‘I may not agree with you but...’: Manmohan Singh, Voltaire or someone else – who actually said it?

On Saturday, a post by the Congress social media handle set the cat among the pigeons and restarted a debate about one of the world’s most wrongly attributed quotes.

The Congress shared a social media post juxtaposing PM Modi’s recent utterance: “They can be identified by their clothes” and posted a quote by former PM Singh which went: “I may not agree with what you say but I will defend your right to say it.”

The oft-repeated quote – often held as the bulwark of liberal thought that allows dissent of all kinds – is often attributed to the legendary French philosopher Voltaire and is repeated ad nauseam.

For starters, let’s be clear that it’s not a quote former PM Singh came up with. On the other hand, PM Modi’s ‘identify by their clothes’ comment was made during the Jharkhand campaign trail, which while lacking any intellectual weight, was definitely original.

The remark is actually often attributed to Voltaire but that's not who said it. The quote is the work of his biographer Evelyn Beatrice Hall.

The quote first appeared in Hall’s book 'The Friends of Voltaire'. The website Quotes Investigator notes: “Yet, the elegant phrase depicted Hall’s conception of Voltaire’s internal mental attitude and not his actual spoken words. Indeed, Hall asserted that the words were hers and not Voltaire’s in a 1939 letter published in the journal 'Modern Language Notes'. Nevertheless, the misunderstanding persists to this day.”

Now, Dr Singh appears to have cited Voltaire thrice. Twice in 2005 and once in 2006.

The first appears to be in August 2005 when he was speaking at the Silver Jubilee celebrations of Prajashakti. He had said: “I am aware that your publication takes a definite political view. That is the role of any publication associated with a political party or movement. Our democracy enables each one of us to hold an opinion and purvey it. Voltaire had said, "I may disagree with what you have to say, but I shall defend, to the death, your right to say it." This is the essence of a liberal democracy. No other political system gives us this liberty. We must recognise this intrinsic value of democracy and preserve it with care. It is a tribute to our democracy that a partisan publication is in fact given the freedom to be partisan!”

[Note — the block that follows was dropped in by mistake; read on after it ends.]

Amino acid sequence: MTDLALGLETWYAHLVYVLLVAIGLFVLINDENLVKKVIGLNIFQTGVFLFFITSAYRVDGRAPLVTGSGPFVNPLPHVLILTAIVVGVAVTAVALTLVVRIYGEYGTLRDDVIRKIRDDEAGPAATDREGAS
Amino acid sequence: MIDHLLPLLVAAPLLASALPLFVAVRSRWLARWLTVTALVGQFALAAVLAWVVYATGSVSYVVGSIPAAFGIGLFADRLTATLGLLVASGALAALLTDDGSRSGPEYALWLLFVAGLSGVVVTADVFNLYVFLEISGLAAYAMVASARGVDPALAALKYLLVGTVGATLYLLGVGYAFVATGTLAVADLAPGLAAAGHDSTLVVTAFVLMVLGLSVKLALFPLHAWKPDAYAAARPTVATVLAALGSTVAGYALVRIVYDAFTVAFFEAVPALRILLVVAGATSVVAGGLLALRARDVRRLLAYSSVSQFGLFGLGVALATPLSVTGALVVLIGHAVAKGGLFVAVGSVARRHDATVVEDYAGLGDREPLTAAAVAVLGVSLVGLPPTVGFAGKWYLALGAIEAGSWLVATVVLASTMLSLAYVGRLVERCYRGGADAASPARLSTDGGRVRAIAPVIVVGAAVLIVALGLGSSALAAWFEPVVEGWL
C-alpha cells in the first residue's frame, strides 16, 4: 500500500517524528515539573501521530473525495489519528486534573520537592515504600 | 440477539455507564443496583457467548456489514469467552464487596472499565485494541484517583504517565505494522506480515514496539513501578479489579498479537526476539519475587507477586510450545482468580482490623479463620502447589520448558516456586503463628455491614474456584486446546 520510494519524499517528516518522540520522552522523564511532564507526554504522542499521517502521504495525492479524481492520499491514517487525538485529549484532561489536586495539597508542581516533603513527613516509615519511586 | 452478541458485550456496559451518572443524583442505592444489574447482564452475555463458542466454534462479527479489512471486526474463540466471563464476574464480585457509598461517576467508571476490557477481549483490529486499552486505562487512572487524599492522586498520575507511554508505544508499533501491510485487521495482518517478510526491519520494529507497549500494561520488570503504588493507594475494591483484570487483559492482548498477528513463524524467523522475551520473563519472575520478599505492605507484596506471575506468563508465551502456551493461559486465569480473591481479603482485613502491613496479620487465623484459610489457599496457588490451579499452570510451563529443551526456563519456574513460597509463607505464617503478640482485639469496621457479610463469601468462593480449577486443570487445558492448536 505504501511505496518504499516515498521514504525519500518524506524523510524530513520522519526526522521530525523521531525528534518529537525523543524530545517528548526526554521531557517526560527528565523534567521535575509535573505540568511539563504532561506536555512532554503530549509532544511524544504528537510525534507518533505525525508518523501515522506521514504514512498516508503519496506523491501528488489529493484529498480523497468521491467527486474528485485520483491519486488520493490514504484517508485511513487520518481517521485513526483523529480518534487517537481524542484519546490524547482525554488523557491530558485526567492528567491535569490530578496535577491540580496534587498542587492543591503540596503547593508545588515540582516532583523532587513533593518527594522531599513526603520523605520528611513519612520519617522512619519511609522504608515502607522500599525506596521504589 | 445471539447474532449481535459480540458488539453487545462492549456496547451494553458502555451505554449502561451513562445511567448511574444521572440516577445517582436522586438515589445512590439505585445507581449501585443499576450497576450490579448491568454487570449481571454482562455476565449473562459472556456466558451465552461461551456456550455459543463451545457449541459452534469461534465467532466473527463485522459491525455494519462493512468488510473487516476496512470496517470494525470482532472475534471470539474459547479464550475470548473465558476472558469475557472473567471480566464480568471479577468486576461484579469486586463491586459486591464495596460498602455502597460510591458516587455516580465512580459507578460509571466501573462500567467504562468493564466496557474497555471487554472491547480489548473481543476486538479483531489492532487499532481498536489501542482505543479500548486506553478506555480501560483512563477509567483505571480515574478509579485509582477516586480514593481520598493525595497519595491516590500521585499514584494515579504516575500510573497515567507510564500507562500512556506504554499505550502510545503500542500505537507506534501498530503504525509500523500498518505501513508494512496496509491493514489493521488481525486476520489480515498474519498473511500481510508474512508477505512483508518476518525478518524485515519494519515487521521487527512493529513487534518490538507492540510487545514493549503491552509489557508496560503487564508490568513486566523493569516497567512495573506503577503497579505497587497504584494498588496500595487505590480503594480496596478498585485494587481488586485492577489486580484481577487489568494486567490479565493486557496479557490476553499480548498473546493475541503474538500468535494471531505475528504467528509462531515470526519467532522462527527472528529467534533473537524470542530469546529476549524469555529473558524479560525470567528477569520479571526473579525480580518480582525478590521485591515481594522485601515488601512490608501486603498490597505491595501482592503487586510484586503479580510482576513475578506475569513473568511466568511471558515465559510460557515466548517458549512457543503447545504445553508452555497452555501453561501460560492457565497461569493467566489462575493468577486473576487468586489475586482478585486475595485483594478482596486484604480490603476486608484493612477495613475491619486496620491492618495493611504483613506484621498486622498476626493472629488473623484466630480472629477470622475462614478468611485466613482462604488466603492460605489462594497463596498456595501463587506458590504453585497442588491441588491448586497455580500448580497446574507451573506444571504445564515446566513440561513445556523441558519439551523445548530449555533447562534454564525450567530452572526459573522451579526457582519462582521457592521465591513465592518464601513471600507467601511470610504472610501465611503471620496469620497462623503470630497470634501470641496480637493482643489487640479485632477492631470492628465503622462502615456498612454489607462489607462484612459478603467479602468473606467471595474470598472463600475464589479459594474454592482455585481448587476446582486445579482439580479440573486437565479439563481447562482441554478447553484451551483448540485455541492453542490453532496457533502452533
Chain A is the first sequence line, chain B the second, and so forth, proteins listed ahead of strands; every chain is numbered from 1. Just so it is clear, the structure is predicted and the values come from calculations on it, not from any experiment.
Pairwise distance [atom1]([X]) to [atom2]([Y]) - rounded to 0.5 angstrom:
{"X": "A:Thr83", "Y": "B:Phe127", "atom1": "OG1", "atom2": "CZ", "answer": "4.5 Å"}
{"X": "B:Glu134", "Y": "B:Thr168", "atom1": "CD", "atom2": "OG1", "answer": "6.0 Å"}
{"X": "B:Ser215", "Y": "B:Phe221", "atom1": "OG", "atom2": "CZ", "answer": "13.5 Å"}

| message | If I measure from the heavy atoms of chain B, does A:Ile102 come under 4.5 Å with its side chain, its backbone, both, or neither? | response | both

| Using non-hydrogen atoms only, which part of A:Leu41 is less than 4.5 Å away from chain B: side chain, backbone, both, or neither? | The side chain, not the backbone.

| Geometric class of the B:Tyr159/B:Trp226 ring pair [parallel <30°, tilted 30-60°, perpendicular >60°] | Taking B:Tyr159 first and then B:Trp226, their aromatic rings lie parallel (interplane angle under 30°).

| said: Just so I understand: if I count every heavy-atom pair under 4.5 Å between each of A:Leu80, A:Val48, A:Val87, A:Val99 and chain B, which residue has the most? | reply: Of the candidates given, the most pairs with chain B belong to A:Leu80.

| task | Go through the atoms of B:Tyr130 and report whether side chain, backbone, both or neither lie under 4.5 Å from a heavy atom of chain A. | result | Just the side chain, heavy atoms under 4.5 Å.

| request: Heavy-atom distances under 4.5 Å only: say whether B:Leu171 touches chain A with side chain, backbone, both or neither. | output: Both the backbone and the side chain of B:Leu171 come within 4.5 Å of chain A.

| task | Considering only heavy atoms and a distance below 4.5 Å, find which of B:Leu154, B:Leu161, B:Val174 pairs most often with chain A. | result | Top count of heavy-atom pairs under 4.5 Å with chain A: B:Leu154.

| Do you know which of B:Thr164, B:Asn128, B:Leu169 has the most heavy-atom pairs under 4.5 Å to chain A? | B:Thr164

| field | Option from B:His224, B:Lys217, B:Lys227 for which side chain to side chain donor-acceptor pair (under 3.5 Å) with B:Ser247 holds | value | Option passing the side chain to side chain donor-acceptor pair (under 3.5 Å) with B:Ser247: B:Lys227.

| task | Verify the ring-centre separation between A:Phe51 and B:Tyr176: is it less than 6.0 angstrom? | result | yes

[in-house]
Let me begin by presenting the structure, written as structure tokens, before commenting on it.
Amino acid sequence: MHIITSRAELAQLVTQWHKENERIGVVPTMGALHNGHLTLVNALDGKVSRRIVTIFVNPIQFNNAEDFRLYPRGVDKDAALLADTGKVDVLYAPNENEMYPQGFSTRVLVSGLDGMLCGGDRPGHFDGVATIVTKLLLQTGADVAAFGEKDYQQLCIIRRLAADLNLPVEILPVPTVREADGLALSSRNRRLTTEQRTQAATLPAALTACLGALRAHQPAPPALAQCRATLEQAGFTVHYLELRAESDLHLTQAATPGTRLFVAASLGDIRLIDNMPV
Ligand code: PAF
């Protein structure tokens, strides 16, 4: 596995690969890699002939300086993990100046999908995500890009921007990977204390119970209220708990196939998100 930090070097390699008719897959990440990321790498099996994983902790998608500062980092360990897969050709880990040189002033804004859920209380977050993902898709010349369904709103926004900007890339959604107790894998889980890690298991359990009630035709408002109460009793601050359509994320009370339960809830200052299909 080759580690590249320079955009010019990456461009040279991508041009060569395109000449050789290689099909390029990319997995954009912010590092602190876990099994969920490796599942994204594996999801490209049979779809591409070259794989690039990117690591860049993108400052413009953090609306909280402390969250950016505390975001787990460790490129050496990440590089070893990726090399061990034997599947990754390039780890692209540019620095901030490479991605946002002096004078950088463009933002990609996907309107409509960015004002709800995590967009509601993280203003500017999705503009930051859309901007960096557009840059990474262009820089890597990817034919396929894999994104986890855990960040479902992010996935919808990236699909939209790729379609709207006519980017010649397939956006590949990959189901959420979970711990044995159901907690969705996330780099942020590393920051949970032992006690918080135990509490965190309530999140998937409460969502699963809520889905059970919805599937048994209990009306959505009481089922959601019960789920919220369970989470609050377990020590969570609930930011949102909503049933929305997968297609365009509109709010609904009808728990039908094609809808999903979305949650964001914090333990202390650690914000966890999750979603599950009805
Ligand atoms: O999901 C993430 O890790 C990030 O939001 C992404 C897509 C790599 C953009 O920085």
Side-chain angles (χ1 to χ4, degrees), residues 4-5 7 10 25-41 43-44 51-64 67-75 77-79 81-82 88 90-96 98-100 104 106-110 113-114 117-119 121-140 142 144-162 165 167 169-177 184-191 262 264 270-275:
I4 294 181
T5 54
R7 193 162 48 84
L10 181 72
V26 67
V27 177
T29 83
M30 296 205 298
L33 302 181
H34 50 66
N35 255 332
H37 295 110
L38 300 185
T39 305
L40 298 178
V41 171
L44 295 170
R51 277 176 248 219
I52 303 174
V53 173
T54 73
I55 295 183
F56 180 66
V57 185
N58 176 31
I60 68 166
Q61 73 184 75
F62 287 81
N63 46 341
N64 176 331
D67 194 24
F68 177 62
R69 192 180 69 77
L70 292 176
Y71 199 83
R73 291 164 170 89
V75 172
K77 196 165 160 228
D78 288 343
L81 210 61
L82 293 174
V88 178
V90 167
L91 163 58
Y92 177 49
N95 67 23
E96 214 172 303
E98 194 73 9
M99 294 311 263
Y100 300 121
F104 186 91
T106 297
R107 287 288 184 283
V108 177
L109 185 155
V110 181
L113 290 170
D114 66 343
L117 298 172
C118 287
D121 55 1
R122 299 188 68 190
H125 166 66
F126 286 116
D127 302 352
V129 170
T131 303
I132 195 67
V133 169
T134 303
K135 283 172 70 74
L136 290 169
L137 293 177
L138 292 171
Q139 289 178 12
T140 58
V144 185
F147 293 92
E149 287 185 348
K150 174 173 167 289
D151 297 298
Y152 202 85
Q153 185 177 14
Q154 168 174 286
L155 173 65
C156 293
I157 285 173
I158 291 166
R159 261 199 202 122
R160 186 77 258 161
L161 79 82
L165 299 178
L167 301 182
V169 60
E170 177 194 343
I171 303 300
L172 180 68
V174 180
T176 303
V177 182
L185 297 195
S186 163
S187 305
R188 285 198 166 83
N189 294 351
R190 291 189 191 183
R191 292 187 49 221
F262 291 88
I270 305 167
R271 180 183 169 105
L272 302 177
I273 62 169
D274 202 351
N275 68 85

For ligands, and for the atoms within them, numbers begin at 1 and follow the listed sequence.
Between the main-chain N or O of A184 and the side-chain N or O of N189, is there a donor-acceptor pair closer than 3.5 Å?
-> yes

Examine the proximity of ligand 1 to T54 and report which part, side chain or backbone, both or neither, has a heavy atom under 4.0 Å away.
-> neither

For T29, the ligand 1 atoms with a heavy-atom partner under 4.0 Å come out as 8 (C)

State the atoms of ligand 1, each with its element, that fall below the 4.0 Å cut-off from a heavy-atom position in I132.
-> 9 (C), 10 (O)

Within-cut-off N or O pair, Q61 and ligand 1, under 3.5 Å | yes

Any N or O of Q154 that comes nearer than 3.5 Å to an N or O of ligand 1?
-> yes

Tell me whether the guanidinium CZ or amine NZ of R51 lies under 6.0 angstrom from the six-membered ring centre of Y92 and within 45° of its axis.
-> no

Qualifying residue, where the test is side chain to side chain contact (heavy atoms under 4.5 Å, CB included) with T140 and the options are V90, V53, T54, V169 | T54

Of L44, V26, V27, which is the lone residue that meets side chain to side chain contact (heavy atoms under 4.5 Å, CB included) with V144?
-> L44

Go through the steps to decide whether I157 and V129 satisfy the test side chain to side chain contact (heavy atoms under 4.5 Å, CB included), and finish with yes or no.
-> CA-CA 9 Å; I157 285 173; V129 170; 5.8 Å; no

Later, on Nov 14 2005, while unveiling a statue of Pandit Nehru at JNU campus, Dr Singh said: “We also learn in a University how to deal with differences of opinion. For in expressing one's own opinion freely, we implicitly recognise the right of another to similarly express a different opinion freely. I do sincerely believe that a University is built on the foundation of liberalism. It can never thrive without the assurance of a liberal environment. Every member of a University community, if he or she wishes to aspire to be worthy of the University, must accept the truth of Voltaire's classic statement. Voltaire proclaimed: "I may disagree with what you have to say, but I shall defend, to the death, your right to say it." That idea must be the corner-stone of a liberal institution.”

One notes the irony in misquoting Voltaire’s ‘cornerstone of a liberal institution’ quote while unveiling the statue of the PM who added ‘reasonable restrictions’ to the freedom of expression clause in the Constitution.

A year later, Dr Singh quoted Voltaire again during seminar on Making Globalization Work: An Indian Perspective had said while discussing liberal thought: “I do think the great contribution of western intellectual thought to modern society has been the idea of liberalism. Amartya has reminded us in his book “The Argumentative Indian” that the idea of “pluralism” has its roots not just in western liberal thought but in Indian philosophy as well. It is true that debate and disagreement was a part of our intellectual tradition for centuries. However, the essence of liberalism captured by Voltaire’s famous aphorism, “I may disapprove of what you say, but I will defend to the death your right to say it”, is an idea we owe to the rise of liberal philosophy. Dr Stiglitz epitomizes this tradition and I am, therefore, delighted to be here at a seminar that will discuss his work.”

Note that Dr Singh said it was an aphorism – a pithy observation which contains a general truth – and not Voltaire’s direct quote.

One must be glad that Dr Singh – or his speechwriters at the very least – had learnt that Voltaire’s quote was an aphorism and one which wasn’t spoken by the French writer.

However, it’s quite clear that credit for the quote belongs to Evelyn Beatrice Hall and not Dr Manmohan Singh or the man who called himself Voltaire.

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